Garmin is continuing its relentless push for a connected cockpit, with avionics and apps that allow a wide variety of portable and panel-mount products to sync up. The latest (and greatest) offering is the Flight Stream 510, a tiny card that unlocks an impressive number of features. We recently flew with it and the latest version of the Garmin Pilot app and came away very impressed. Here’s a detailed review.
Flight Stream 510 is part of the Connext family of products, which is Garmin’s name for its connected panel products. It looks like a small SD card because it basically is an advanced version of that. The benefit is that it requires essentially no installation – just pop it in and turn on the GTN (although you’ll need to have an avionics shop do the actual installation).
We flew a Flight Stream 510 in a Pilatus PC-12, connected to a variety of Garmin avionics:
- Garmin GTX 345 – ADS-B In and Out transponder
- GDL 69A – SiriusXM weather and radio receiver
- GTN 750 – GPS/nav/com
- G600 TXi – primary flight display and AHRS
This allowed us to try a number of features on Garmin Pilot, from weather and traffic to music and flight plan transfers. One feature we couldn’t test was satellite messaging. With a GSR 56 Iridium satellite communicator installed, you can also use Garmin Pilot to compose text messages or initiate phone calls.
Flight Stream 510 includes both Bluetooth and WiFi, with Bluetooth being used for weather, traffic, and position data; WiFi is used for database updates (see below). The Bluetooth can connect to two devices at once (iOS, Android, or Garmin aera 660/796), and initial pairing is about what you would expect. Go to the Connext page on the GTN 750 (if you have more than one, as we did in this case, it’s important to do this on the #1 GTN or it won’t work). Once you’re in the Manage Devices page on the 750, you can go to the Settings app on your iPad to connect to the Flight Stream Bluetooth.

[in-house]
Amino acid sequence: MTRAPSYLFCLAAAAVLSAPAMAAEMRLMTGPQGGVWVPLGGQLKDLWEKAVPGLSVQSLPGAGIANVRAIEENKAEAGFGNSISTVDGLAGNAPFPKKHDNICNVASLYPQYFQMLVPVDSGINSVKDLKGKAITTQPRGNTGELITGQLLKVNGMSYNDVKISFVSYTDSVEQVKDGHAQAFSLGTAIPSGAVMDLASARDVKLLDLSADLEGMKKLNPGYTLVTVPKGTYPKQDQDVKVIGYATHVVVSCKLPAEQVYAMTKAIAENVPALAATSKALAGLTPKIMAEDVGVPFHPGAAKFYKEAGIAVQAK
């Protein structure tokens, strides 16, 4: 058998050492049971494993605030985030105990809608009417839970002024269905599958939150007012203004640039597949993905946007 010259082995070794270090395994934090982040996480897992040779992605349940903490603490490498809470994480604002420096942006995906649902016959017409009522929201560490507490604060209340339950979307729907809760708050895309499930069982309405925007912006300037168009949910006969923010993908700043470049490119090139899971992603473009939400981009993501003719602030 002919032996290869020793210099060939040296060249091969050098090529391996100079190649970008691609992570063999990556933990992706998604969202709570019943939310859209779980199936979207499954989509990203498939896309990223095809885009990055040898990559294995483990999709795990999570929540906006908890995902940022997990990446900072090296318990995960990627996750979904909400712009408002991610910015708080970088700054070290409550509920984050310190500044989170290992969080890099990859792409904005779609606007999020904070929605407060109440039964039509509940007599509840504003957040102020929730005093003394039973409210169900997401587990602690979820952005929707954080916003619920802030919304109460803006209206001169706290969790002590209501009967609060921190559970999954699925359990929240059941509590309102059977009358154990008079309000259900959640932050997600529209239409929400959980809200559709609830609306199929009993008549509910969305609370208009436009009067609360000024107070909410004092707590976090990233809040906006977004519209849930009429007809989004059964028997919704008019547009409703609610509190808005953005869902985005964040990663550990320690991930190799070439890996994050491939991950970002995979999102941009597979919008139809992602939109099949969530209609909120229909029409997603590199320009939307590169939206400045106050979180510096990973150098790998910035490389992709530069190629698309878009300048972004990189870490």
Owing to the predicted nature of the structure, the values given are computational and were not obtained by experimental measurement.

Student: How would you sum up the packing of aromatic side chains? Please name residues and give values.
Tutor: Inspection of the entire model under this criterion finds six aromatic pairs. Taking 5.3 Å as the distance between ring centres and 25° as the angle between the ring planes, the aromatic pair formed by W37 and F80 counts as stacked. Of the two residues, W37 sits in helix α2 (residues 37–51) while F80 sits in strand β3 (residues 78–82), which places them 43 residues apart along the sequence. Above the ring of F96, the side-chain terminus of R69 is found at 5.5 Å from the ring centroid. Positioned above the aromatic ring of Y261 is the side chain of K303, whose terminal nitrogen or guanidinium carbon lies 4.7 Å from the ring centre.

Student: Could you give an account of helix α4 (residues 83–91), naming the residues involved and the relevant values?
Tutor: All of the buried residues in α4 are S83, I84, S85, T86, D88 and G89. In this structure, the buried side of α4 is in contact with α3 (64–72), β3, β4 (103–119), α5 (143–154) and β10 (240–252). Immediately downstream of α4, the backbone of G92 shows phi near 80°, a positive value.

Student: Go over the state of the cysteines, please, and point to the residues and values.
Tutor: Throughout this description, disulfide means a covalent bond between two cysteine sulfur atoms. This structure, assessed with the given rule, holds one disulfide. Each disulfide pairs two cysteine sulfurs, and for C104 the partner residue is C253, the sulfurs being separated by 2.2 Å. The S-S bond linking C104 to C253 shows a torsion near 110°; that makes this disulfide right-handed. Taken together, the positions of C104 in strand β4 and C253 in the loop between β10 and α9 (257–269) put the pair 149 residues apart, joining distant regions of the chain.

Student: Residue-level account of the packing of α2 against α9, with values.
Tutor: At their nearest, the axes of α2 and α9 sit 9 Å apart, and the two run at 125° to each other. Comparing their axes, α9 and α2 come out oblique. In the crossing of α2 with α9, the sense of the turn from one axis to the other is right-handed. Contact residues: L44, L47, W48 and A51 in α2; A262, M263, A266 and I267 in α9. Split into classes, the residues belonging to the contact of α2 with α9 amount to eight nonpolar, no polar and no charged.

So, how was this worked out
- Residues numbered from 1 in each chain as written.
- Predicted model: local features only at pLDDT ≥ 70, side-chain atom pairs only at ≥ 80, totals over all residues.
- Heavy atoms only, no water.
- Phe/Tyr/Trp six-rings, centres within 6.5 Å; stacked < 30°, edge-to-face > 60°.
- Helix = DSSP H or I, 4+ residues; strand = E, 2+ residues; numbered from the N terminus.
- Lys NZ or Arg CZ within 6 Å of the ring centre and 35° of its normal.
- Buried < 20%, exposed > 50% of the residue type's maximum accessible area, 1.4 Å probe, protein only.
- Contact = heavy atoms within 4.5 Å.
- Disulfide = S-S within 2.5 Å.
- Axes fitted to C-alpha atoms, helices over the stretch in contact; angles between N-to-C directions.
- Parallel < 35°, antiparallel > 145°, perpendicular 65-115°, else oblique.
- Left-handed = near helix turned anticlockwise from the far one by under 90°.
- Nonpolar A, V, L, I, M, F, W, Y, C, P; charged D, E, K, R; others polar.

Once that’s done, future connections should be automatic so there’s nothing to do after this initial setup. You can always check the status of paired devices by going to the Connext page from the Garmin Pilot menu, then tapping the Flight Stream 510 page, then choosing “Manage Paired Devices.” This will show all previously paired devices, and offers the option for Auto Reconnect, which should be on by default.
Weather and traffic
Once you’ve connected your iPad to a Flight Stream 510, the information you can display really depends on what avionics you have in the panel. If you have an ADS-B receiver or a SiriusXM receiver, weather data can be displayed on your iPad in addition to the panel. Below is an example of SiriusXM weather on the Map page in Garmin Pilot. This is received by the panel-mount GDL 69A, then sent wirelessly to the iPad via Flight Stream. It’s seamless, and offers a wide variety of information, including storm cell tops and movement.
Flight Stream also sends traffic information from the panel, in this case the GTX 345 transponder. This can be viewed on the Map page or on the dedicated Traffic page in Garmin Pilot. We think this is the best traffic display in the industry, with clear symbols and lots of pilot-friendly information. For example, the motion vector can be set to TargetTrend, which shows a more realistic view of where the traffic is going relative to your aircraft. You can also tap on a target (see below) for more details.
In addition to weather and traffic, Flight Stream 510 can also be used as an attitude source. In this airplane, it uses the AHRS for the G600 TXi (the primary flight display) as an attitude source, which means it is rock solid and reliable. If you’re keeping track, that’s three different devices the Flight Stream is supporting (GDL 69A, GTX 345, G600 Txi). You can see the result below, with a split screen view: attitude and GPS information on top, moving map and weather on the bottom.
Flight plan transfer